The U.S. Department of Labor reports that employers outperformed forecasts in April by introducing over 260,000 new jobs. This growth, coupled with near-record unemployment is a double-edged sword for American organizations. Though it’s a positive sign for the economy as a whole, low unemployment and a wealth of job openings leave business leaders in a tough position. The fight for attracting top talent is increasingly crowded and competitive. What’s more, candidates have come to expect more in the way of compensation and additional value adds.
Employers have to challenge themselves and devise a new approach to recruiting, hiring and empowering their teams. To successfully secure and hold on to top talent, they’ll need to successfully position themselves as a unique employer, capable of providing an exceptional experience and set of incentives.
Increasing Wages...Or Finding Unusual Alternatives
The simplest reaction to the higher demand would be to raise wages. On a yearly basis, wages and salaries have risen 3.1 percent, an anomaly in the last decade. Companies are racing to find and maintain talent by offering the best earnings in their industry. This is obviously not an option for every employer. Small and mid-sized organizations can’t offer the same compensation packages as household names. And they shouldn’t try to do so. More and more, today’s professionals value authenticity in their employers. It’s possible they’ll appreciate a company that’s transparent about what it’s incapable of providing. These companies should instead emphasize what sets them apart – what their more well-heeled competitors cannot provide. Some of these incentives might include exciting project work, opportunities for advancement, the chance to take part in socially responsible initiatives, etc.
Casting a Wider Net
In 2017, the MRINetwork Recruiter Sentiment Study found that recruiters and hiring managers were both beginning to embrace candidates with non-traditional degrees. Nearly half of surveyed employers suggested they saw no difference between online degrees and traditional four-year education. Unemployment has only gone down and job openings have only gone up since that time. For procurement, this could mean looking for talent in outside business units, developing talent pipelines within universities or building programs to hire military veterans. Redefining requirements does not have to mean lowering expectations. The sooner organizations learn this, the sooner they can answer the evolving talent question.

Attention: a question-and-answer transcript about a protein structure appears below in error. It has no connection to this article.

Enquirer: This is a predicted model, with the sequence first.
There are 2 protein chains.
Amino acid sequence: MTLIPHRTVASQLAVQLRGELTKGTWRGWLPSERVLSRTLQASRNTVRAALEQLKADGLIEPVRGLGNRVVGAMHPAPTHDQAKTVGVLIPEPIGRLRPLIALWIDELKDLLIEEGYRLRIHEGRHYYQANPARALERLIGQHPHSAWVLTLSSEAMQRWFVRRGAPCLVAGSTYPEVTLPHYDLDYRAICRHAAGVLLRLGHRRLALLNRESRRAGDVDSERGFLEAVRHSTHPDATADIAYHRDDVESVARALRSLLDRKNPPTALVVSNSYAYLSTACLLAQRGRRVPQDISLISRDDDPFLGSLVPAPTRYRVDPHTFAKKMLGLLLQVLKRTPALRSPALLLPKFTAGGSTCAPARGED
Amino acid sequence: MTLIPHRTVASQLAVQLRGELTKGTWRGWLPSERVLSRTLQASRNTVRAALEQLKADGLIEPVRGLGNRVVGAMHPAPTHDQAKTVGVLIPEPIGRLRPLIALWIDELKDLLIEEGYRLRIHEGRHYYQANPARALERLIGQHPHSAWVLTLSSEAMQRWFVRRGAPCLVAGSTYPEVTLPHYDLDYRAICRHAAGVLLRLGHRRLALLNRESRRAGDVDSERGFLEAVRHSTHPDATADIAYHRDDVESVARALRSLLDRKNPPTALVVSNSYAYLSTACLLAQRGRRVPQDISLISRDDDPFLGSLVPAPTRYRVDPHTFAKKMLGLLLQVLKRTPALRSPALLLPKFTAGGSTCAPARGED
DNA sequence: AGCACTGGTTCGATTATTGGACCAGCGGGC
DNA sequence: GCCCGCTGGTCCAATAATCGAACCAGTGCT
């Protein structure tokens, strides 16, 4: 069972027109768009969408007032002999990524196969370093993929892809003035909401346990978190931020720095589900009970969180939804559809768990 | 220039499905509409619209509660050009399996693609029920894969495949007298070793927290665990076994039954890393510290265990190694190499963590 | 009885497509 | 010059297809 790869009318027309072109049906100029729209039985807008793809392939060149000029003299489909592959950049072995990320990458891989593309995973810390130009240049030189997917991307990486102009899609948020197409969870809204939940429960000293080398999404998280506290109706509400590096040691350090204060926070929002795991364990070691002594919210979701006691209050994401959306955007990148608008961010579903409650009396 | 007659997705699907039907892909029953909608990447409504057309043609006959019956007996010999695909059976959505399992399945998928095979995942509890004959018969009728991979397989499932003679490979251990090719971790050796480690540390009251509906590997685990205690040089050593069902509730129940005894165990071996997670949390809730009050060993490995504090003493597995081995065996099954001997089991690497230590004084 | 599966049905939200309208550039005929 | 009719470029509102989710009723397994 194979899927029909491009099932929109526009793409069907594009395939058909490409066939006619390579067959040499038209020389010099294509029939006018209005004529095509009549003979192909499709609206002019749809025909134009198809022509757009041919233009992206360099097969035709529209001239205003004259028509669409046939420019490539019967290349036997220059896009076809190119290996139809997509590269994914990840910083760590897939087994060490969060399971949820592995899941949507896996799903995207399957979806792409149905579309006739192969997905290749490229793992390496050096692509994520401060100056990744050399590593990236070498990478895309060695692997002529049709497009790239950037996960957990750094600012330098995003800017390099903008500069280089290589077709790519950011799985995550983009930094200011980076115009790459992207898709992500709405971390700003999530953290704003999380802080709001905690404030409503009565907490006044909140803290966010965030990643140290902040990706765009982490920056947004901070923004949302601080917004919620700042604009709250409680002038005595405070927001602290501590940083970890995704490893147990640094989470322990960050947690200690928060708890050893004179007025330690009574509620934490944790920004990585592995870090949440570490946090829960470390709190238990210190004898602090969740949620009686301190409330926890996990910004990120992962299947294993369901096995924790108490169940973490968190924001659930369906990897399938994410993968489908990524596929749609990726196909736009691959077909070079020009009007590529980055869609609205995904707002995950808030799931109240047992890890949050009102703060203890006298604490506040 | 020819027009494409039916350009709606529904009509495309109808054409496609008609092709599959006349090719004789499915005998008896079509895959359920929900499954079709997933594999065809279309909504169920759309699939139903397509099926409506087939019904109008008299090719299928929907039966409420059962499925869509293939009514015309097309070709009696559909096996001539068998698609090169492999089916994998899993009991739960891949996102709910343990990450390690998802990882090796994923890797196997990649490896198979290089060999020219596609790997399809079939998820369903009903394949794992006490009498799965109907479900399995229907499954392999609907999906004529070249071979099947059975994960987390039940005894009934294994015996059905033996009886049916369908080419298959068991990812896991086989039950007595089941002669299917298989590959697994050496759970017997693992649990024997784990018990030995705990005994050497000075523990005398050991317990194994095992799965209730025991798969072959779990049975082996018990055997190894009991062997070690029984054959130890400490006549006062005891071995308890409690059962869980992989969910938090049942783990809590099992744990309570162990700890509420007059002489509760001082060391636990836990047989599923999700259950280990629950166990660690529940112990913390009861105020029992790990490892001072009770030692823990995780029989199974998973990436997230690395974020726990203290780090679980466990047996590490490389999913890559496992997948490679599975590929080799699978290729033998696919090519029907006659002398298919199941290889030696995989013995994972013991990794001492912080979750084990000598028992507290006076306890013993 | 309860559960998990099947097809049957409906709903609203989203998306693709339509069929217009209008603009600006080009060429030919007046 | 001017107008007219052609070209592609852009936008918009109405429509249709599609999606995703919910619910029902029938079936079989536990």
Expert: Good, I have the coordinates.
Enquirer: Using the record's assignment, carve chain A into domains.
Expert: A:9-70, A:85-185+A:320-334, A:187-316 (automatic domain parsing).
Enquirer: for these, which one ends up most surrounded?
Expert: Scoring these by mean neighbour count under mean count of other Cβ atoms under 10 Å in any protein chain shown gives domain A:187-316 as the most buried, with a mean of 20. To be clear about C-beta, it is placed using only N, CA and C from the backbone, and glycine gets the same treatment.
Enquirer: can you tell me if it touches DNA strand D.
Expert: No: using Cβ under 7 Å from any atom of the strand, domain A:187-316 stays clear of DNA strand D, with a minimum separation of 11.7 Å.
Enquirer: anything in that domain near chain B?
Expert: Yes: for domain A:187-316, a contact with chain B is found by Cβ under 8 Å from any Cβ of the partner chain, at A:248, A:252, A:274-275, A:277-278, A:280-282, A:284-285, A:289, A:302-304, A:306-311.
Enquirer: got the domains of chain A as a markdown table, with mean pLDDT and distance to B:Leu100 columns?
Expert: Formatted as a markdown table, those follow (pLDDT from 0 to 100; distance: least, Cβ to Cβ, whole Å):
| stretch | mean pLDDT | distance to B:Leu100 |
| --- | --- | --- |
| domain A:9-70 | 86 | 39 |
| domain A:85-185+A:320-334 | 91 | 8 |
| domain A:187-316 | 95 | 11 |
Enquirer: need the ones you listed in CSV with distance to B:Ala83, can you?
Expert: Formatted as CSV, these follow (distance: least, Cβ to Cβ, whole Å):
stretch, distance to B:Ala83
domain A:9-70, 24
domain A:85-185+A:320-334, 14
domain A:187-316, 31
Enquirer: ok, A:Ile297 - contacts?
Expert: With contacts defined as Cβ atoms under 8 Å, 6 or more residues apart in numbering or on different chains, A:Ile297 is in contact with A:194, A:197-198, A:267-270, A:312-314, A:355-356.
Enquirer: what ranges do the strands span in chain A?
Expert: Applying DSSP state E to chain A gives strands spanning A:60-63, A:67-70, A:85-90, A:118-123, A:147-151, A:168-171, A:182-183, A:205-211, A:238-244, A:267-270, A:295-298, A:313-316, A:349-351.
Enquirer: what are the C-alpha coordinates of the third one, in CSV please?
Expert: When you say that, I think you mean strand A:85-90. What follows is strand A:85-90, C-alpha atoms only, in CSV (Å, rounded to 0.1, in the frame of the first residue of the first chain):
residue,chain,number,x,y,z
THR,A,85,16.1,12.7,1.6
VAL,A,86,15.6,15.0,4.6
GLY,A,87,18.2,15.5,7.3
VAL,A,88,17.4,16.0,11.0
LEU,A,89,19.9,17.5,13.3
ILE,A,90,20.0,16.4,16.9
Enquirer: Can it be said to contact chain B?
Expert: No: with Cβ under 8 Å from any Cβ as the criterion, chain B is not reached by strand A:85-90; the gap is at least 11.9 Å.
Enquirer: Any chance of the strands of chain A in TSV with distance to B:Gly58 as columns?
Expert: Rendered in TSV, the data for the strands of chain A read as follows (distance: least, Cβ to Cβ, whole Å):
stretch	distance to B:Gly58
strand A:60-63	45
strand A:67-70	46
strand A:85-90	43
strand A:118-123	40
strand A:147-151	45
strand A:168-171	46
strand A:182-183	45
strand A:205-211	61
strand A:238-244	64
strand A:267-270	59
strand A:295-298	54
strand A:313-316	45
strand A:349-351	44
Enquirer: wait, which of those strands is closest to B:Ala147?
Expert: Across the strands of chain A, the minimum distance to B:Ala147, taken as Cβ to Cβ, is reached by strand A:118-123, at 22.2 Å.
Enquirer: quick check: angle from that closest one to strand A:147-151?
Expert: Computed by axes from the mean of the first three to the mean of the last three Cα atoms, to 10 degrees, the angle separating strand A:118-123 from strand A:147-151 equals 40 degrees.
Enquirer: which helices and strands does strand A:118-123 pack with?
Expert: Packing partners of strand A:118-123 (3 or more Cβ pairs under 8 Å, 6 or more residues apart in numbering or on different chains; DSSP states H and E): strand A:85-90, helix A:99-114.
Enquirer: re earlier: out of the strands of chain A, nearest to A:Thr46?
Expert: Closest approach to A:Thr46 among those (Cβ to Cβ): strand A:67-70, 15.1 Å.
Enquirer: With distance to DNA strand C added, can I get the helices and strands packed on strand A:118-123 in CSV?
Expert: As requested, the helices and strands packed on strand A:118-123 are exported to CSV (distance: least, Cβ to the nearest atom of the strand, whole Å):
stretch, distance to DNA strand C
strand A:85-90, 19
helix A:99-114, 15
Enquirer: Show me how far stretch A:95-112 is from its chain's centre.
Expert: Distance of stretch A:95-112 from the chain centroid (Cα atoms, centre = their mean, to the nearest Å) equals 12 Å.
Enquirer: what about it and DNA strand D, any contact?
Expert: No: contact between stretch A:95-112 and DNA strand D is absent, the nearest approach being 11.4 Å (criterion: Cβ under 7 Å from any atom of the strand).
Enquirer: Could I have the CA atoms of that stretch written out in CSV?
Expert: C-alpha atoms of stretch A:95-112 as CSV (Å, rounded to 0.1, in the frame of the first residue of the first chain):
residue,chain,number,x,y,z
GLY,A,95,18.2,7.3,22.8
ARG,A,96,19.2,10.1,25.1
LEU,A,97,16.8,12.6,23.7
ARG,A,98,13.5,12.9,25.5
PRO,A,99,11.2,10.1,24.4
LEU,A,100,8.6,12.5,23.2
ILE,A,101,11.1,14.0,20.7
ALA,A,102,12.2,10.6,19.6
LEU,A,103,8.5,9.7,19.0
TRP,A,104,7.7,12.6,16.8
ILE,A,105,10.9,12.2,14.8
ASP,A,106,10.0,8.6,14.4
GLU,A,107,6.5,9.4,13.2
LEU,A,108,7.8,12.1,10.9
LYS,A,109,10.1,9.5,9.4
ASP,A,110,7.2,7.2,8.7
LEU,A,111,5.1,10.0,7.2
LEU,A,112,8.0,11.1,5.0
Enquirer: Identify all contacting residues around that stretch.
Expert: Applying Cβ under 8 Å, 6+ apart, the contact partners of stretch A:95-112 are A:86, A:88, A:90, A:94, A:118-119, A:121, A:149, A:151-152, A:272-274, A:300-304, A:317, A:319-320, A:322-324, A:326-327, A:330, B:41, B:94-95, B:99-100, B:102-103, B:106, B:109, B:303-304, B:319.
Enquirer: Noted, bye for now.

A different avenue is to engage individuals who may have dropped out of the labor market with opportunities like flexible work arrangements or career resource services. Flexibility has rapidly jumped up the list of worker demands. Providing flexible opportunities – the chance to work remotely, design schedules or develop unique roles, for example – will undoubtedly help employers stand out in the hunt for leading talent. Organizations will also need to develop a more flexible approach to the way they organize and engage with their internal teams. A blended workforce with a mix of contingent and full-time resources could provide procurement teams with the support they need to address busy periods without seeing their payrolls balloon out of control.
In summary, this high demand for labor is continuing to force employers to decide on how to balance needs with function as job seekers take advantage of a tight labor market. Workers are now passively and actively searching for better job opportunities even if they are currently employed, leading to volatile labor workforces. This instability has been a reason for the higher turnover rates that employers have recently seen. As employers adapt to the current market to recruit, retain and engage their employees, they must consider how the market will change and explore potential options to stay ahead of the competition.